Please use this identifier to cite or link to this item: http://hdl.handle.net/20.500.12136/745
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Title: Functional craniology, human evolution, and anatomical constraints in the neanderthal braincase
Authors: Bruner, Emiliano
Keywords: Brain evolution;Encephalization;Neurocranial integration;Paleoneurology
Issue Date: 2014
Publisher: Springer
Citation: Dynamics of learning in neanderthals and modern humans. Vol. 2, Cognitive and physical perspectives, 2014, 121-129
Series/Report no.: Replacement of Neanderthals by Modern Humans Series;
Abstract: Neanderthals and modern humans share a similar cranial capacity but different neurocranial organization. Recently, digital anatomy and computed morphometrics have generated a revolution in functional craniology, allowing quantitative analyses to investigate integration and correlation among the anatomical elements, both in ontogeny and phylogeny. Despite some derived endocranial traits, Neanderthals display a general plesiomorph organization of the braincase. Geometrical and structural constraints between the endocranial soft and hard tissues may have induced morphogenetic limits to the growth and developmental processes. At the same time, heat production associated with a large cranial capacity and a plesiomorph vascular system may have also involved thermal limits. Although in paleontology morphogenetic and metabolic processes can only be investigated through indirect evidence, such hypotheses merit attention when considering the patterns of brain evolution in the genus Homo. It is tempting to wonder whether these limits may be also related to possible factors associated with the extinction of Neanderthals.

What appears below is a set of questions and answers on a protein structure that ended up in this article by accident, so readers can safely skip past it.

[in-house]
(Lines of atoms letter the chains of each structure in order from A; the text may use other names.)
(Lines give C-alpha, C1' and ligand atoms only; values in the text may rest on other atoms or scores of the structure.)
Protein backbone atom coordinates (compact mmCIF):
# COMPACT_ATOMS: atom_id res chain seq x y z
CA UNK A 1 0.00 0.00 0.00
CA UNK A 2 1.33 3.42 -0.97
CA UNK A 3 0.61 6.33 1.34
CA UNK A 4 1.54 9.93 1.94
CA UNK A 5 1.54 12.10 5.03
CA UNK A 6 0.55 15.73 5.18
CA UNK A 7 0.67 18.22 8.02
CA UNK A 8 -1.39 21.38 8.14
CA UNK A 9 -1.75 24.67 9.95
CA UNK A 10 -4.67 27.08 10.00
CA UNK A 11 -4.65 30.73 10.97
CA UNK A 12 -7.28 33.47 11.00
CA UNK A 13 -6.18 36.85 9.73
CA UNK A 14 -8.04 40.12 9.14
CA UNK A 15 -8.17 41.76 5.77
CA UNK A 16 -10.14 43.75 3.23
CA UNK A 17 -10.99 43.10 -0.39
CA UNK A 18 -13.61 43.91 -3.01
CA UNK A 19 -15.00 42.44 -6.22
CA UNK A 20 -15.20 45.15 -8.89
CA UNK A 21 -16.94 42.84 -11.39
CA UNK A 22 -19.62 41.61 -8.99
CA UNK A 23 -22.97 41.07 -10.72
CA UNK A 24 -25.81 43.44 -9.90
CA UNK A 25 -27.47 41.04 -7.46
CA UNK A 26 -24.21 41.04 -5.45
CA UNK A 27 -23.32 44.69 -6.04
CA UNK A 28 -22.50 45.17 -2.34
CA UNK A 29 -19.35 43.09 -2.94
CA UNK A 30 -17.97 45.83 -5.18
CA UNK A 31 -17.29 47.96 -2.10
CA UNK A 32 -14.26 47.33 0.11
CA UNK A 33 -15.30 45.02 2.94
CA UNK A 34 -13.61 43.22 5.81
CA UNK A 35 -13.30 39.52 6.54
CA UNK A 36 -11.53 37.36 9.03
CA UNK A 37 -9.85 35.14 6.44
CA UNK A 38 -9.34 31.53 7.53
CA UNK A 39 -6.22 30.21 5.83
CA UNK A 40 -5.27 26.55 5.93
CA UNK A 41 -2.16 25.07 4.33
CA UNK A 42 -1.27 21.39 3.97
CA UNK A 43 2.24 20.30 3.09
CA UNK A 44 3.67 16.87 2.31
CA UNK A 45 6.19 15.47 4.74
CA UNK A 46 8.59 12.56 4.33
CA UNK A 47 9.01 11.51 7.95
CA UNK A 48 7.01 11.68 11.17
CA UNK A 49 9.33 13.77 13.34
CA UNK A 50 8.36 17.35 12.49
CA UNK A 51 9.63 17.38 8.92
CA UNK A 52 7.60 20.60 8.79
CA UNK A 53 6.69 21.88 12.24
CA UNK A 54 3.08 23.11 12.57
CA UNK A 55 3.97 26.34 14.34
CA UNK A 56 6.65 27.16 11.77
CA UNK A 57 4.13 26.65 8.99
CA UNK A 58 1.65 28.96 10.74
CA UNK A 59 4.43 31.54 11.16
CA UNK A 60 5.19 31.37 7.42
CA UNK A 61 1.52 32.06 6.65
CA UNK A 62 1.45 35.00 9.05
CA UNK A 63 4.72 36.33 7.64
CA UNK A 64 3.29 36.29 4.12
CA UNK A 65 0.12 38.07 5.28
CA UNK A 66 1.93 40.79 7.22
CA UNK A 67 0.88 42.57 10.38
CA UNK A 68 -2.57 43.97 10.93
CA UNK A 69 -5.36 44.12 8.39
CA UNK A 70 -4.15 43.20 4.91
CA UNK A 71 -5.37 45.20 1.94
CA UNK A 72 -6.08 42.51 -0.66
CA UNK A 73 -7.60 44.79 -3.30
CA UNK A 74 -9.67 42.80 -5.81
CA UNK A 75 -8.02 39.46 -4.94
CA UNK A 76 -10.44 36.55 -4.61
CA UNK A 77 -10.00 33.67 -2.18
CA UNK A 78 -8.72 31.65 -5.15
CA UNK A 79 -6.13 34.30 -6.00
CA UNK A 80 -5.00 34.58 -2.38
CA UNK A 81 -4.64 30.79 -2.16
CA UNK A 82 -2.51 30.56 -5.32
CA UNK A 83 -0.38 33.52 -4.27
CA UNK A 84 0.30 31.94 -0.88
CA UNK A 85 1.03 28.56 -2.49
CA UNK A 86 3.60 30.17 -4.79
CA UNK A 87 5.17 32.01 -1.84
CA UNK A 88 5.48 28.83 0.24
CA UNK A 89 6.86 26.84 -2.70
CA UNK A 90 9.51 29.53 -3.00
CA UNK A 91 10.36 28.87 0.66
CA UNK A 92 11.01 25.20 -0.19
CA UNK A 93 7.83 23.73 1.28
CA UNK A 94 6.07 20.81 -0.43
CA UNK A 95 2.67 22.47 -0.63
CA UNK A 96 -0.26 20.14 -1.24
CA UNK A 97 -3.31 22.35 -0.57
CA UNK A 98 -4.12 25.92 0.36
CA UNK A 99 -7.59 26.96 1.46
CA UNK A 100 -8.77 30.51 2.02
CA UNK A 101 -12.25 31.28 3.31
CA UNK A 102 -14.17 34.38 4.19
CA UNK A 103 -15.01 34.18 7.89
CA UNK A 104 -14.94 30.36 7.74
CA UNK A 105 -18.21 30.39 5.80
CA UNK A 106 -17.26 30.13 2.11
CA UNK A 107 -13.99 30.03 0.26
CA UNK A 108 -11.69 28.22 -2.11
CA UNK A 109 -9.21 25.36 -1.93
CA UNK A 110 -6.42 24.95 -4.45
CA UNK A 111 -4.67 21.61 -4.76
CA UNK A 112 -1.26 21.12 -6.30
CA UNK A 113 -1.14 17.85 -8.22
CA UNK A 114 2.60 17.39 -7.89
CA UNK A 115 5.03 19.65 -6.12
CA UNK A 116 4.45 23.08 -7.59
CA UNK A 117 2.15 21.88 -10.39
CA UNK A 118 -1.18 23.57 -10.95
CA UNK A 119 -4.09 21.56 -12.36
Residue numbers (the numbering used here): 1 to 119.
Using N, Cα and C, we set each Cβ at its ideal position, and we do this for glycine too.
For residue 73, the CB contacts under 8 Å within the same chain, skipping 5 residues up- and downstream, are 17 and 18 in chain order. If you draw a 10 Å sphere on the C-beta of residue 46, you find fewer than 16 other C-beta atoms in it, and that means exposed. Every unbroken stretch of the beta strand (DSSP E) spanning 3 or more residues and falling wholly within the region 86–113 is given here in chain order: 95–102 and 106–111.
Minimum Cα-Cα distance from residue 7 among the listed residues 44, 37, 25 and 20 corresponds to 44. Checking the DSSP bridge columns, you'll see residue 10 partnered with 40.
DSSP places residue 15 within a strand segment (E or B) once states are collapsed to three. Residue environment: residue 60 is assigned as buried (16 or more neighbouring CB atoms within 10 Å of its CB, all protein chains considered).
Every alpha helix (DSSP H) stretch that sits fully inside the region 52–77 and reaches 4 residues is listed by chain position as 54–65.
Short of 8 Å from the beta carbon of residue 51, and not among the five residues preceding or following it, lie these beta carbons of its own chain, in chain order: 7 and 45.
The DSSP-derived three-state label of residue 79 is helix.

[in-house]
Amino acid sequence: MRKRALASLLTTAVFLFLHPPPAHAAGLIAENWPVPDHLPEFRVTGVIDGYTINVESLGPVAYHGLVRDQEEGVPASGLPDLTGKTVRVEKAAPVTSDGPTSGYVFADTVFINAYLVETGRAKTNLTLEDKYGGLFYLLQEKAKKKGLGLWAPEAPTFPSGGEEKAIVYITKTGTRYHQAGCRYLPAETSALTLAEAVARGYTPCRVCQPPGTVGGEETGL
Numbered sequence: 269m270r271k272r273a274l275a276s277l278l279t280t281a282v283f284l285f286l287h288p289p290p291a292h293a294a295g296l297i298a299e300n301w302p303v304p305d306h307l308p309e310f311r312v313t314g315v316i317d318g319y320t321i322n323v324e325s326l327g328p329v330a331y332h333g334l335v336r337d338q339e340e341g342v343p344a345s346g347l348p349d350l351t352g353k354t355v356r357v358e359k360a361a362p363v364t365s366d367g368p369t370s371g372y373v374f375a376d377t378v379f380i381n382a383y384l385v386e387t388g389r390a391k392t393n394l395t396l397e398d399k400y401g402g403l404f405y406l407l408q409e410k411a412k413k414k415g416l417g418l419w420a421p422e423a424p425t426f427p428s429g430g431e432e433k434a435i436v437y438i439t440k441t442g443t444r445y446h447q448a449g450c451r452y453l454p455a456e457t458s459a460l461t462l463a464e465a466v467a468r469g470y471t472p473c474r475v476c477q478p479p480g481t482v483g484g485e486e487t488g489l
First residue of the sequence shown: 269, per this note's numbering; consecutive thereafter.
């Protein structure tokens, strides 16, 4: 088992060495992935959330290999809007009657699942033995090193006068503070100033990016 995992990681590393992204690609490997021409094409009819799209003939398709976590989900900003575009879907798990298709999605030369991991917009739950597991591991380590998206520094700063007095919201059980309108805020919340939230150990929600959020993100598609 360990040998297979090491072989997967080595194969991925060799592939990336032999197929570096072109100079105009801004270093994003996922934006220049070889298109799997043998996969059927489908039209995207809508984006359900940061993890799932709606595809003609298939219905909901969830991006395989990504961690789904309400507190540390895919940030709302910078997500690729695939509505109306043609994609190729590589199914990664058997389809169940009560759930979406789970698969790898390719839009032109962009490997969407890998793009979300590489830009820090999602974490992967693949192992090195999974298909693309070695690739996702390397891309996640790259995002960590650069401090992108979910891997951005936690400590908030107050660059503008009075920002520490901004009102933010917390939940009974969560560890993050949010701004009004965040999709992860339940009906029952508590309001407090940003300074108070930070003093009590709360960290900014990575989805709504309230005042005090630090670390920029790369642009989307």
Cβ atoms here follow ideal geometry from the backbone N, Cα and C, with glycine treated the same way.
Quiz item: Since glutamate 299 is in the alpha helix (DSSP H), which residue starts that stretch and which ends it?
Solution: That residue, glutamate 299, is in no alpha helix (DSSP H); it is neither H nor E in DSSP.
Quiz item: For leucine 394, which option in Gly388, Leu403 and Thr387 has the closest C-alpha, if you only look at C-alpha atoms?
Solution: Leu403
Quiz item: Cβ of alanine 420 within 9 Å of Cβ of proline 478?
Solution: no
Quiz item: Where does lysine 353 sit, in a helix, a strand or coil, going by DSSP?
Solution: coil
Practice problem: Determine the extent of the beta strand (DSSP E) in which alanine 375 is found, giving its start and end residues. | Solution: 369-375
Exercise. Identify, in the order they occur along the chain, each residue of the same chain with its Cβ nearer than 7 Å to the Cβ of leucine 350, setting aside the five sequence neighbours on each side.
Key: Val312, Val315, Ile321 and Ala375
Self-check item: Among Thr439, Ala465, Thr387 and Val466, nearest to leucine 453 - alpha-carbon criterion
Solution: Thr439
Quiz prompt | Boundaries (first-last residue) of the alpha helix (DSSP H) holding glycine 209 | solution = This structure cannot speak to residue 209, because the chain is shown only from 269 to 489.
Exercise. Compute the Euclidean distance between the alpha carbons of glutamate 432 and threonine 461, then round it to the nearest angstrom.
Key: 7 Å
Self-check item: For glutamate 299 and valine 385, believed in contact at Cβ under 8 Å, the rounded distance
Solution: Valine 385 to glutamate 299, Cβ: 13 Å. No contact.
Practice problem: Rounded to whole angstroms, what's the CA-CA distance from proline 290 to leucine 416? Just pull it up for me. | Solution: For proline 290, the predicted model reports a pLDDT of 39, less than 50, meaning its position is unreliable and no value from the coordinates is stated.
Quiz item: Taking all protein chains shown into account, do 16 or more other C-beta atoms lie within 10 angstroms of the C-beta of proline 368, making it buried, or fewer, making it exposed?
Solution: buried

URI: http://hdl.handle.net/20.500.12136/745
ISBN: 978-4-431-54552-1
978-4-431-54553-8
DOI: 10.1007/978-4-431-54553-8_13
metadata.dc.relation.publisherversion: https://doi.org/10.1007/978-4-431-54553-8_13
Type: Book chapter
Appears in Collections:Paleobiología

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